Fact 2: Let $F$ be the principal form of discriminant $D$. Let $m$ be an odd positive integer with prime factorization $m=\prod_{i=1}^k p_i^{\alpha_i}$. Assume that, for each $i=1,\dots, k$ either (i) $p_i$ can be represented by $F$, or (ii) $\alpha_i$ is divisible by the class number $h(D)$. Then $m$ can be represented by $F$ but cannot be represented by any other (inequivalent) form $F'$ of the same discriminant.

Fact 3: For $D=-108$, the class group $H(-108)$ has three elements: the identity elements consisting on the forms equivalent to $u^2+27v^2$, and two other elements consisting on the forms equivalent to $4u^2\pm 2uv+7v^2$. In particular, $h(-108)=3$.

Fact 1 is a well-known characterization of primes $p$ modulo which $2$ is a cubic residue. Fact 2 is a direct corollary from, for example, Theorem 4.26 in [1]. Fact 3 is from standard tables of class groups of small discriminants, see, for example, pp 383-386 in [2].

A compbination of Fact 2 and Fact 3 implies the following lemma, conjectured by Denis Shatrov.

Lemma: Assume that $t$ is an integer such that $t \not \equiv 0(\text{mod} \, 3)$ and $t \not \equiv 2(\text{mod} \, 4)$, and let $t^2+12 = \prod_{i=1}^k p_i^{\alpha_i}$ be the prime factorization of $t^2+12$. Then there exists $i$ such that $\alpha_i$ is not divisible by $3$, and $p_i$ is an odd prime not representable as $u^2+27v^2$ for integers $u,v$.

Proof: Let $m=t^2+12$ if $t$ is odd, and $m=(t^2+12)/4$ if $t$ is divisible by $4$. Then $m$ is an odd positive integer, not divisible by $3$. If, by contradiction, in prime factorization $m=\prod p_i^{\alpha_i}$ we have, for all $i$, either $\alpha_i$ is divisible by $3$, or $p_i$ is of the form $u^2+27v^2$ for integers $u,v$, then Fact 2 applied with $F=u^2+27v^2$ and $D=-108$ would imply that $m$ cannot be represented by any other (inequivalent) form $F'$ of the same discriminant. In other words, $m$ is not of the form $4u^2+2uv+7v^2$ for integers $u,v$.

Let us now prove that $m$ is always of this form. Indeed, if $t$ is odd, then either $t=6r+1$ or $t=6r-1$ for some integer $r$. In the first case, $$ m=(6r+1)^2+12 = 4(-2r+1)^2+2(-2r+1)(2r+1)+7(2r+1)^2, $$ that is, $m$ is of the form $4u^2+2uv+7v^2$ for $u=-2r+1$ and $v=2r+1$. Similarly, in the second case, $$ m=(6r-1)^2+12 = 4(-2r-1)^2+2(-2r-1)(2r-1)+7(2r-1)^2. $$ If $t$ is even, then it is divisible by $4$ but not by $3$, and must therefore be equal to either $4(3r+1)$ or $4(3r-1)$. In the first case, $$ m = (t^2+12)/4 = 4(3r+1)^2+3 = 4(-2r)^2+2(-2r)(2r+1)+7(2r+1)^2, $$ while in the second case $$ m = (t^2+12)/4 = 4(3r-1)^2+3 = 4(-2r)^2+2(-2r)(2r-1)+7(2r-1)^2. $$ This finishes the proof of the lemma.

Now we are ready to prove that our equation, or, equivalently, equation $$ x^6 - 4z^3 = t^2+12 $$ has no integer solutions. Modulo $9$ analysis of this equation shows that $t$ is not divisible by $3$. Further, if $t$ is even, then so is $x$, and, by writing $x=2u$, $t=2v$ and cancelling $4$, we obtain $16u^6-z^3=v^2+3$. Modulo $8$ analysis of this equation shows that $v$ cannot be odd, hence $t \not \equiv 2(\text{mod} \, 4)$. Thus, by the Lemma, in the prime factorization $t^2+12 = \prod_{i=1}^k p_i^{\alpha_i}$ there exists $i$ such that $\alpha_i$ is not divisible by $3$, and $p_i$ is odd and not of the form $u^2+27v^2$ for integers $u,v$. Because $t$ is not divisible by $3$, $p_i>3$. Because $p_i$ is a divisor of $t^2+12$, this implies that $\left(\frac{-3}{p_i}\right)=1$, or $p_i \equiv 1(\text{mod}\, 3)$. Thus, by Fact 1, $p_i$ is not a divisor of $X^3-2$ for any integer $X$.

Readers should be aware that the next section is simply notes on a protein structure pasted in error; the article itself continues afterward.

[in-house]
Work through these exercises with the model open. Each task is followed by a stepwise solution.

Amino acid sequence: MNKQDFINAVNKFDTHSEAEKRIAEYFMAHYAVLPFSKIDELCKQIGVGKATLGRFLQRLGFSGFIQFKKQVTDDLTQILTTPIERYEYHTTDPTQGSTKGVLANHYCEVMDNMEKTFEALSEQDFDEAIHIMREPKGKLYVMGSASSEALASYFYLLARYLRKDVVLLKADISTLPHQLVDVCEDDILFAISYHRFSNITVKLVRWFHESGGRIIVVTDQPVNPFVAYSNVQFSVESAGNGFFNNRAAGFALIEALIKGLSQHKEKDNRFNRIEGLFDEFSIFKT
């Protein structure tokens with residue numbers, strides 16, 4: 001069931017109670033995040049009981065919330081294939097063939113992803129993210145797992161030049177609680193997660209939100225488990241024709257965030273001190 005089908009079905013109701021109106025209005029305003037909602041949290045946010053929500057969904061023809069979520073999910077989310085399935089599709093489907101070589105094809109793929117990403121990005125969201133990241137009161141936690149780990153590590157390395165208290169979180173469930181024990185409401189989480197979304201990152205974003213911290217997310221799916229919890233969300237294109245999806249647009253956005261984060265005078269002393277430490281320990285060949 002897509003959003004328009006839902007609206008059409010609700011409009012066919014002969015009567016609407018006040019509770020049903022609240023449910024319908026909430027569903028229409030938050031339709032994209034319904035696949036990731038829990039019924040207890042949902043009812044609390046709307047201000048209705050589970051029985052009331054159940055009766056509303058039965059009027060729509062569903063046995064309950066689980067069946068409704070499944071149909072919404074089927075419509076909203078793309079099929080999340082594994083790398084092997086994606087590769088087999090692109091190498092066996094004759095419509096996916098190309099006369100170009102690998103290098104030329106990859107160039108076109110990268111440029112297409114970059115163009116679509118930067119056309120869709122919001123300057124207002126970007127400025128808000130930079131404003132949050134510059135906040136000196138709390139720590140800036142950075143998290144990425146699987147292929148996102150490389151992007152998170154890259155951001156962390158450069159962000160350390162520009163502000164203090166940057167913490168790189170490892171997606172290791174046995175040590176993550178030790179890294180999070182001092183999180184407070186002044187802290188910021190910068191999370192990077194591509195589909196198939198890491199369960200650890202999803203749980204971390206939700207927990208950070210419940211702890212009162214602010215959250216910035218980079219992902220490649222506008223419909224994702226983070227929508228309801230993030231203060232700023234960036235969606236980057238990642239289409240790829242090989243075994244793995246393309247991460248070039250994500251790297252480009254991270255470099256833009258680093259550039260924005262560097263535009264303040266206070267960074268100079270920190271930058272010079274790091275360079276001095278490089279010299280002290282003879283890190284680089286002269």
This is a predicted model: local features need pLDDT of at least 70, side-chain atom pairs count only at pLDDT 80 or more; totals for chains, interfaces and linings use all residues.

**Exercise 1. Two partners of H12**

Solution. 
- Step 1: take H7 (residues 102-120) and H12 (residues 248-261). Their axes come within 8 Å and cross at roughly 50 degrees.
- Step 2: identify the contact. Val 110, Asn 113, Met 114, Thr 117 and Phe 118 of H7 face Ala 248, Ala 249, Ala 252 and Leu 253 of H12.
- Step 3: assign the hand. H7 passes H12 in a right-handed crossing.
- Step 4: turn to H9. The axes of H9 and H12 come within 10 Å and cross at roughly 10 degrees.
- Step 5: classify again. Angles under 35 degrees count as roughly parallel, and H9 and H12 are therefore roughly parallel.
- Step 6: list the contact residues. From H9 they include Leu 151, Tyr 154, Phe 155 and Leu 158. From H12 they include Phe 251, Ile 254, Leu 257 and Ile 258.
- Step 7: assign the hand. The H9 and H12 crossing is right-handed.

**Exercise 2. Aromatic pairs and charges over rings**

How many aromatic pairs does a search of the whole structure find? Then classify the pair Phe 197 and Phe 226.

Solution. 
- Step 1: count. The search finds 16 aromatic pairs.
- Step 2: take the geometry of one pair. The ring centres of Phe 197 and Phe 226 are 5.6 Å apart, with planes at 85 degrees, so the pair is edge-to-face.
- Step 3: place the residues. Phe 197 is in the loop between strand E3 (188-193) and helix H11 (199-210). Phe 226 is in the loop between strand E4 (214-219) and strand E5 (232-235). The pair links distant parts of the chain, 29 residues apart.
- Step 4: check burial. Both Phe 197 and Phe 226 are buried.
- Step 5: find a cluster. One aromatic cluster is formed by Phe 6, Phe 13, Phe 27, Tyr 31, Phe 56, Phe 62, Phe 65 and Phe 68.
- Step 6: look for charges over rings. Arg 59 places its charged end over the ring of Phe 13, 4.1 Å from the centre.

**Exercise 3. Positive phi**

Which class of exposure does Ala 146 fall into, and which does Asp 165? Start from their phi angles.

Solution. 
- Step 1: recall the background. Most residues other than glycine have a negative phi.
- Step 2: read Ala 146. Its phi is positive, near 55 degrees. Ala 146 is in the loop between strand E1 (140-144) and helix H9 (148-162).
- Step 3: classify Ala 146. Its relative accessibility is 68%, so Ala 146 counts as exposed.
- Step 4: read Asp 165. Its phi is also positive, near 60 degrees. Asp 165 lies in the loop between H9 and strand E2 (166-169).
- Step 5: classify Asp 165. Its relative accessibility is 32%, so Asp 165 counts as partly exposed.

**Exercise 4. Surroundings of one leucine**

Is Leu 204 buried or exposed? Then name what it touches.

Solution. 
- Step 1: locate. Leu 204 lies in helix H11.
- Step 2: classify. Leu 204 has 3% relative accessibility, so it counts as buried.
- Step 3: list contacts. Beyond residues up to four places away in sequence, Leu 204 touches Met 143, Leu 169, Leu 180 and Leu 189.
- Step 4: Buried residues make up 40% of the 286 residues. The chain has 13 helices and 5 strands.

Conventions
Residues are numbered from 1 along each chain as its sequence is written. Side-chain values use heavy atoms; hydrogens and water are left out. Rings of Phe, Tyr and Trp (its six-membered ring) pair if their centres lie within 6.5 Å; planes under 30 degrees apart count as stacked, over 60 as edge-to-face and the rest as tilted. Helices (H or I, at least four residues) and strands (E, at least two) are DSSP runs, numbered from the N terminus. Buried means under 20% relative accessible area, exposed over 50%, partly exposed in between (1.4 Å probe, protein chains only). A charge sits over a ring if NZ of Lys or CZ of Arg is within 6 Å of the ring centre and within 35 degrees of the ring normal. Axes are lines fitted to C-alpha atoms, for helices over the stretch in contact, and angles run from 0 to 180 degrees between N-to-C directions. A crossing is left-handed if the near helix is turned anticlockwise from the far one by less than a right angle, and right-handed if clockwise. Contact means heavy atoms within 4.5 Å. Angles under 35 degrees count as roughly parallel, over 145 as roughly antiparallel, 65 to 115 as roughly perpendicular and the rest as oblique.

Now, write $x=p_i^\beta x_1$ and $z=p_i^\gamma z_1$, where $\text{gcd}(x_1,p_i)=\text{gcd}(z_1,p_i)=1$. Then $$ t^2+12 = x^6 - 4z^3 = p_i^{6\beta} x_1^6 - 4 p_i^{3\gamma} z_1^3. $$ If $6\beta > 3\gamma$, then $\alpha_i = 3\gamma$. Similarly, if $6\beta < 3\gamma$, then $\alpha_i = 6\beta$, in both cases a contradiction with the fact that $\alpha_i$ is not divisible by $3$. Hence, we must have $6\beta = 3\gamma < \alpha_i$, thus $x_1^6-4z_1^3$ is divisible by $p_i$. Now, $\text{gcd}(x_1,p_i)=1$ implies the existence of integer $\overline{x}_1$ such that $x_1\overline{x}_1 \equiv 1(\text{mod}\, p_i)$. Then, modulo $p_i$, $$ 0 = -2 \overline{x}_1^6 (x_1^6-4z_1^3) = -2(x_1\overline{x}_1)^6+(2\overline{x}_1^2z_1)^3 = -2+X^3, $$ where $X=2\overline{x}_1^2z_1$. This contradiction finishes the proof.

[1] Buell, Duncan A., Binary quadratic forms: classical theory and modern computations, Springer-Verlag, New York,1989, https://doi.org/10.1007/978-1-4612-4542-1

[2] Rose, H. E., A course in number theory, The Clarendon Press, Oxford University Press, New York, 1994